Why should we use the HttpOnly attribute?

In case you're wondering, the name HttpOnly does not mean "HTTP as opposed to HTTPS." Rather, it means "HTTP as opposed to JavaScript." The purpose of this attribute is to prevent the cookie from being accessed by JavaScript. If this attribute is set, the cookie can only be accessed by the server. This helps prevent cross-site scripting (XSS) attacks.

Why should we use the SameSite attribute?

The SameSite attribute controls whether a cookie is sent on cross-origin requests. There are three possible values:

  • None (least secure): the cookie is sent on cross-origin requests.
  • Lax (intermediate security): the cookie is sent on cross-origin requests only if:
    • the method is safe (GET or HEAD)
    • it is a top-level navigation (meaning the URL in the address bar changes), as opposed to an AJAX request, a request from a frame element, etc.
  • Strict (most secure): the cookie is not sent on any cross-origin requests.

Clearly, you should always use Strict for your session cookies! Otherwise, you are leaving yourself open to cross-site request forgery (CSRF).

Why should we use the Secure attribute?

The Secure attribute ensures that the cookie is not sent unencrypted. It is only sent over the HTTPS protocol. This helps to mitigate man-in-the-middle attacks.

Prefixing the session cookie in Laravel

To secure the session cookie, open up config/session.php. The sections of interest to us begin on line 118 (as of Laravel 8.57.0).

Let's make sure we understand what this code does:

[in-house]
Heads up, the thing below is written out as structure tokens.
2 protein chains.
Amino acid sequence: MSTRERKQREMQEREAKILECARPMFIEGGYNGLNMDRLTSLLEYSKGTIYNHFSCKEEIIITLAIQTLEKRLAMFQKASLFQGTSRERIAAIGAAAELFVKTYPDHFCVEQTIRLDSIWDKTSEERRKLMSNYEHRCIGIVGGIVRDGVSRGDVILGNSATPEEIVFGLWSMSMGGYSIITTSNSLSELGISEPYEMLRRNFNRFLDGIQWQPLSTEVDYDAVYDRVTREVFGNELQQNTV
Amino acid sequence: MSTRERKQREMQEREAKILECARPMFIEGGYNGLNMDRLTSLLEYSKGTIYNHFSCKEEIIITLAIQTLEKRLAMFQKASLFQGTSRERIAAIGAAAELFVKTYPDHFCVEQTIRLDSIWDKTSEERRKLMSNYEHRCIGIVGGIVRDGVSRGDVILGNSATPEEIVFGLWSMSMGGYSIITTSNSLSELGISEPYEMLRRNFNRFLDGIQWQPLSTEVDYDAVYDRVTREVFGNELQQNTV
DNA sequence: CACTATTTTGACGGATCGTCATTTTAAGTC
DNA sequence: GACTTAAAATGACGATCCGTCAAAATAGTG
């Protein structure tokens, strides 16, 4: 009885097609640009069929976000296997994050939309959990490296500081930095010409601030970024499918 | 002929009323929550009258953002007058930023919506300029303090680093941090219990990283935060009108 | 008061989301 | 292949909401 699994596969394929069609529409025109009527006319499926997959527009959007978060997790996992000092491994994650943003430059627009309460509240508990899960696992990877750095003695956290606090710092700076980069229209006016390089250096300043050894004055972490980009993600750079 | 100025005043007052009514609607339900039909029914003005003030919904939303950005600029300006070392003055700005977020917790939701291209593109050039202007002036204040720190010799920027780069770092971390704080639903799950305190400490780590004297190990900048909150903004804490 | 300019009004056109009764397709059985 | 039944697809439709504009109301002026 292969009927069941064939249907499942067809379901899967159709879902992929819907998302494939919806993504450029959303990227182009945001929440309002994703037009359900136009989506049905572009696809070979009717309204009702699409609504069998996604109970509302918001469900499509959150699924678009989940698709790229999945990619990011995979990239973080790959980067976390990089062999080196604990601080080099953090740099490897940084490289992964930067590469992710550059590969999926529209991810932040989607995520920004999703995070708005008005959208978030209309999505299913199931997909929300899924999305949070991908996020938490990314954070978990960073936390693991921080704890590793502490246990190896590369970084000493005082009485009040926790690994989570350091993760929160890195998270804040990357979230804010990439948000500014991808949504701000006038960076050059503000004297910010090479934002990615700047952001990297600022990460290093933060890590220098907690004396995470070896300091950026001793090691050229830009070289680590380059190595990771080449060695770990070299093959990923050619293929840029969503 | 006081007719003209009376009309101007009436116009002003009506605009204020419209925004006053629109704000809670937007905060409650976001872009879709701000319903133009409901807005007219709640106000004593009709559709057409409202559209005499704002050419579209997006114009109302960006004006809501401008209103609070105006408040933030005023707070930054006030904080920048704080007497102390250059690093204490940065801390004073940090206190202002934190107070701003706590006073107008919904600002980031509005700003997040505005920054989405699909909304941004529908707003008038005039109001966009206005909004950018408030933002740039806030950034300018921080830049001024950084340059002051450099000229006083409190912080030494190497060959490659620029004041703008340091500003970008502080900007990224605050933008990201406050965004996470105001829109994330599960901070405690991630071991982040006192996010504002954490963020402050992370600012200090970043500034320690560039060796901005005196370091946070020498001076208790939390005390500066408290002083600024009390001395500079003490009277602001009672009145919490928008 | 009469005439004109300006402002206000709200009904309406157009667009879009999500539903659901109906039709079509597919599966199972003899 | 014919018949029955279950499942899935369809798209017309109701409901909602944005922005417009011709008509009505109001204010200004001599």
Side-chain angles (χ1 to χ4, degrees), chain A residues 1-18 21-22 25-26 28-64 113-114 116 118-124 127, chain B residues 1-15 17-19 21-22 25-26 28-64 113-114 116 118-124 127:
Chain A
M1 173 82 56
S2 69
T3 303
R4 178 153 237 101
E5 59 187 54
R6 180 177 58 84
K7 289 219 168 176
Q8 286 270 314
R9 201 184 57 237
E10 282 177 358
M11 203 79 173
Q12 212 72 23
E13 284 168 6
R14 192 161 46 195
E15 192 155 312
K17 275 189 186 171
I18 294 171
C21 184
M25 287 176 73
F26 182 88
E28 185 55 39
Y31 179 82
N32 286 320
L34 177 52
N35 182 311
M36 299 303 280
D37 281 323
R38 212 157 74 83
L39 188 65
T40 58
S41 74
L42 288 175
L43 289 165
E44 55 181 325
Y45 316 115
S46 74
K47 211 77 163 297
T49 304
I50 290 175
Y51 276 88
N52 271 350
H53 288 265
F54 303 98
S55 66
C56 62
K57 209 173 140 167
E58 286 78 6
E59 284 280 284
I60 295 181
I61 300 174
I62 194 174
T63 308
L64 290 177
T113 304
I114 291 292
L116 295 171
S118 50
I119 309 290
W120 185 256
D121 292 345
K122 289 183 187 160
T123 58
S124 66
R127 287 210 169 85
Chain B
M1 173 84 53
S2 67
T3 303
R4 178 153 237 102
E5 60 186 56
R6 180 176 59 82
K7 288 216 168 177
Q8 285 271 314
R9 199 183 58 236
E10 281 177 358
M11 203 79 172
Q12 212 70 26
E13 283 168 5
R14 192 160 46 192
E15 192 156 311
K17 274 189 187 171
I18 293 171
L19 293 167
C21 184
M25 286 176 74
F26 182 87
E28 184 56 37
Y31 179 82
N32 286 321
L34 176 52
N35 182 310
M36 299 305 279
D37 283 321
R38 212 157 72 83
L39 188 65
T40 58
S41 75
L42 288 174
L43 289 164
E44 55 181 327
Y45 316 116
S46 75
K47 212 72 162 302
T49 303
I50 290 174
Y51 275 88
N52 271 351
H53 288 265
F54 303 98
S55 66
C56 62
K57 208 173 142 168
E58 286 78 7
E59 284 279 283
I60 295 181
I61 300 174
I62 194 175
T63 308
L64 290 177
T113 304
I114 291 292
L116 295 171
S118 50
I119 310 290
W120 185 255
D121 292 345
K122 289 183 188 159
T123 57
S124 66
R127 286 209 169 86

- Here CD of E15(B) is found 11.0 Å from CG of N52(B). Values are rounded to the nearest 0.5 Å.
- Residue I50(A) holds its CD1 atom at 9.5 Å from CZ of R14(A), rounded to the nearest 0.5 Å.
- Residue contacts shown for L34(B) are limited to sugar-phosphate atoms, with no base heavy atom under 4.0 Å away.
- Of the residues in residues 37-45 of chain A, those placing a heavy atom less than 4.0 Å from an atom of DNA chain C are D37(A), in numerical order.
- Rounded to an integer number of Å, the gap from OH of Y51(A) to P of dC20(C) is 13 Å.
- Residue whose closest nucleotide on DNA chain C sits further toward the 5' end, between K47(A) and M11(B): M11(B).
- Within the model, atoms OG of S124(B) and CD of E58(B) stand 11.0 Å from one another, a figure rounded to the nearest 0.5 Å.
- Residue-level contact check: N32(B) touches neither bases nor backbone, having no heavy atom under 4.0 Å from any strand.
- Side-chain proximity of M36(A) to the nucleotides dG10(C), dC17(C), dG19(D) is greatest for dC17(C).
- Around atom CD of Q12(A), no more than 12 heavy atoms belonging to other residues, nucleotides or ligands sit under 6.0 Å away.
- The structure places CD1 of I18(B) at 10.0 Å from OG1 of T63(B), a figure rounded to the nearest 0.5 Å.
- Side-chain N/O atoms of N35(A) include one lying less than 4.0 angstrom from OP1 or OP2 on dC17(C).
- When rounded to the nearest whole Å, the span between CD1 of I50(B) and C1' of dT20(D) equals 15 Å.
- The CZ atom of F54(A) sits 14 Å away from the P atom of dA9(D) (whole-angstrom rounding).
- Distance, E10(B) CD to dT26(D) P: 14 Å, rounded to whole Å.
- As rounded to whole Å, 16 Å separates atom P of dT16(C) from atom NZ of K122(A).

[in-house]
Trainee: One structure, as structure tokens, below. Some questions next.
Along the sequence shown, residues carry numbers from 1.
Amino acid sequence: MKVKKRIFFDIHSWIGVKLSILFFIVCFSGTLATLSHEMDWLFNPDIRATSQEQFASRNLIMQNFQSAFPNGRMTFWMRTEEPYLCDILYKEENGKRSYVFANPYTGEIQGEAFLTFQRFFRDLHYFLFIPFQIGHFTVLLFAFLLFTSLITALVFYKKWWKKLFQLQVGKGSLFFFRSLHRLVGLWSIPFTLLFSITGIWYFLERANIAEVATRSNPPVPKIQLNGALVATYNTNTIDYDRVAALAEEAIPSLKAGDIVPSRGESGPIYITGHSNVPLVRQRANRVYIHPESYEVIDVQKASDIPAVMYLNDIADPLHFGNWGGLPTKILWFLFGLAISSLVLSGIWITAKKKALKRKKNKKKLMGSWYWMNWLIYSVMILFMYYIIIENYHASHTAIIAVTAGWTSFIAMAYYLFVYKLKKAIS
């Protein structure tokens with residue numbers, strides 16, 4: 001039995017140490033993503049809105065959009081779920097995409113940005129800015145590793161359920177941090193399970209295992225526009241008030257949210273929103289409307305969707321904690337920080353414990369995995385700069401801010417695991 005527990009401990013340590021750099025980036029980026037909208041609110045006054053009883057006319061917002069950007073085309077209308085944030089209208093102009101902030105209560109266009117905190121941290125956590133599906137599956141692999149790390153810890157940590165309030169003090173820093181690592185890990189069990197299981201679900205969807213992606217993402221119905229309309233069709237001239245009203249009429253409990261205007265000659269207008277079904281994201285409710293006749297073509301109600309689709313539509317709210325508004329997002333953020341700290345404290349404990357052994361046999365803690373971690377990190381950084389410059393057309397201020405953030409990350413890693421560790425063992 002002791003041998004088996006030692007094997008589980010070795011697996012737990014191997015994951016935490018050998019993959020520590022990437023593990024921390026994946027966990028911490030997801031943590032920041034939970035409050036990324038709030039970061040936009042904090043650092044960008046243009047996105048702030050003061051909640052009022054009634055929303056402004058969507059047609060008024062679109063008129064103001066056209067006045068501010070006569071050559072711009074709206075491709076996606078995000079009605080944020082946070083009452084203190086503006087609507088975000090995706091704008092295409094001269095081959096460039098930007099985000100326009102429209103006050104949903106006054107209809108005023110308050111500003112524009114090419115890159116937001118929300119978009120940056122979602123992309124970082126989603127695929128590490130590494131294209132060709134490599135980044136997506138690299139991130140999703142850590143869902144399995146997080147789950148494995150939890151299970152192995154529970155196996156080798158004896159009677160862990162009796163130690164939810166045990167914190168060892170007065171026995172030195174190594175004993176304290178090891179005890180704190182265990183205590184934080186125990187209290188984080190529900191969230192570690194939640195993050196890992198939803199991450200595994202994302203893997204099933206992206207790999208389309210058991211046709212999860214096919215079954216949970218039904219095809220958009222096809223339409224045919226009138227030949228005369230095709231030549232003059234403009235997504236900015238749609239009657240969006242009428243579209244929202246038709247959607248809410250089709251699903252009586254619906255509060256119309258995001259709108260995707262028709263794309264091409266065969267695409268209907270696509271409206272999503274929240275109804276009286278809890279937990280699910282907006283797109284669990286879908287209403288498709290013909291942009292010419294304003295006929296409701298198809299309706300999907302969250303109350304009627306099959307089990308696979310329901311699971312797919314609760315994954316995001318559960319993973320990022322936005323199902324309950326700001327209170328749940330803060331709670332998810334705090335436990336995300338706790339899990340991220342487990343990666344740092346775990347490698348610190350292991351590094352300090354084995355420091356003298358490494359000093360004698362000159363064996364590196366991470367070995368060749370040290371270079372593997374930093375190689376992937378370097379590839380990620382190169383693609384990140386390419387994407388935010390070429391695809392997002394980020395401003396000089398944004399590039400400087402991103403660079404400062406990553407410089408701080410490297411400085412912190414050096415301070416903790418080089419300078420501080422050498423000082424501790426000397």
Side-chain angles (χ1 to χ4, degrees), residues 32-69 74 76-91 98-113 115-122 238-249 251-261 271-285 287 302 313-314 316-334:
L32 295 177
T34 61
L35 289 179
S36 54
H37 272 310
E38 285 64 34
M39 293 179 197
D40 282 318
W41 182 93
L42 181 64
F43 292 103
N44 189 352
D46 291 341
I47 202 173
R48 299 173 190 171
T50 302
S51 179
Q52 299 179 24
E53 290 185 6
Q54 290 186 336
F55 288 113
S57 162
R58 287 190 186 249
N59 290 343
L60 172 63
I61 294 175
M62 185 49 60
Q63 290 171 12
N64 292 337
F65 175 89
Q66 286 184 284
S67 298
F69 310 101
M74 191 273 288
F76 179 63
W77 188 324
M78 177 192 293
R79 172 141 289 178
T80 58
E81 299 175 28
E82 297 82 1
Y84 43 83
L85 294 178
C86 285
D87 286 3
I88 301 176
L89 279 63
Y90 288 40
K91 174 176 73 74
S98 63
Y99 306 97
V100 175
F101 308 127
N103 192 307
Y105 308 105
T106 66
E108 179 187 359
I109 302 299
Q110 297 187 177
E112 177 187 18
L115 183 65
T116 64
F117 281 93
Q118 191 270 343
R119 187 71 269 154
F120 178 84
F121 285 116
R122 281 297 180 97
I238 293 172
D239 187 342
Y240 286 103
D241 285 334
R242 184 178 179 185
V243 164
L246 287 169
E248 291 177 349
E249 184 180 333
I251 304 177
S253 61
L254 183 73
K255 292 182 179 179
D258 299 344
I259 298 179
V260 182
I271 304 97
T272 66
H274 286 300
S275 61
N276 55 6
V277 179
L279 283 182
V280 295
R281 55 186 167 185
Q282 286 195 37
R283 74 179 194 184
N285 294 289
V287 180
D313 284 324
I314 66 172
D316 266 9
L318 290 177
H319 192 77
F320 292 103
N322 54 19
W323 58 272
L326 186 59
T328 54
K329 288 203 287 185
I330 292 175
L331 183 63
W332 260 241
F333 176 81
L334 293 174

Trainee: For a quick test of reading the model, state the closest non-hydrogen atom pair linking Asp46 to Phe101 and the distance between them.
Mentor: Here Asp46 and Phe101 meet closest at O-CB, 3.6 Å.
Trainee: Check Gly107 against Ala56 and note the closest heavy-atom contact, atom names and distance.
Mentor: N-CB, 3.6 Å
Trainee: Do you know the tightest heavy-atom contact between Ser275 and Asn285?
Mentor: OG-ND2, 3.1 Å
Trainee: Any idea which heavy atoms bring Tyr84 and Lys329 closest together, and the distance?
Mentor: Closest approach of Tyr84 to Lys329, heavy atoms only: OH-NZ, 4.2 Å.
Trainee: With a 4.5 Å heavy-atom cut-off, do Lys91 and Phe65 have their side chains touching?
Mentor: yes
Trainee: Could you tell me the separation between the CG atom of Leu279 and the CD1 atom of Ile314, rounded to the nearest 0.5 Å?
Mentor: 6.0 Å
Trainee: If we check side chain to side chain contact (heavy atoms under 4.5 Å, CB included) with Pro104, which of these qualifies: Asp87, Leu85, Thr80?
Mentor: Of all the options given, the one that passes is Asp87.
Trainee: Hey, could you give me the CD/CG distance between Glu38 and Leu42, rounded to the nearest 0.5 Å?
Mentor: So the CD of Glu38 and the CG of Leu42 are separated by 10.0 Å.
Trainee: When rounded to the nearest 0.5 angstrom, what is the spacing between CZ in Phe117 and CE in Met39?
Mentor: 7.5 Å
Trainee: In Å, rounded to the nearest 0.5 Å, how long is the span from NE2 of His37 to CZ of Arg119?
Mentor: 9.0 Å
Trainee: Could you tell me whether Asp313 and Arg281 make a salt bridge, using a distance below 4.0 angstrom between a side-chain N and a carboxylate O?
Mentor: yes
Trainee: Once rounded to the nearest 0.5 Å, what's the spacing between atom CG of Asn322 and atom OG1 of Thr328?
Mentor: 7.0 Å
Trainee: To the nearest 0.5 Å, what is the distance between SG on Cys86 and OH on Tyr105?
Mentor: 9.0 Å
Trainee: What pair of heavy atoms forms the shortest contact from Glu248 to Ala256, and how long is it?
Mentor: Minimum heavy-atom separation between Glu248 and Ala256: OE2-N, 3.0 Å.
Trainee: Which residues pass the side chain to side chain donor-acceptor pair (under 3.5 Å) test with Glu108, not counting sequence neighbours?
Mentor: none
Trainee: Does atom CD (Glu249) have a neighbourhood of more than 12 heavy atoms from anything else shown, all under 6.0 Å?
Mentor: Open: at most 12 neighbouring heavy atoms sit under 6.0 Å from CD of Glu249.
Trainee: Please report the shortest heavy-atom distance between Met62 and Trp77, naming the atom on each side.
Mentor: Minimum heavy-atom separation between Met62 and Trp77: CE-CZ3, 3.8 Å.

1. It checks your .env file for a SESSION_COOKIE value. If it finds one, it uses that, and does not proceed with the following steps.
  2. It determines the name of your application by checking your .env file for an APP_NAME value. If no value is found, it defaults to laravel.
  3. Using the application name determined in step 2, it constructs the cookie name using the template [app_name]_session.

It may be tempting to modify this file directly. For example, you might want to just hard code the cookie name like this:

But I would recommend against this. If you develop locally using php artisan serve, it will work, because Firefox and Chrome make developers' lives easier by ignoring cookie restrictions on http://localhost. However, it is not future-proof. If one day you switch to developing on a server on your network without HTTPS, then suddenly your cookies will no longer work in development.

A more future-proof solution is to use environment variables as the framework developers intended. In your .env files, add a new line under the other session-related variables. That way you can exclude the prefix in development and include it in local/production.

Adding the Secure attribute to the session cookie in Laravel

Scroll down until you find the following: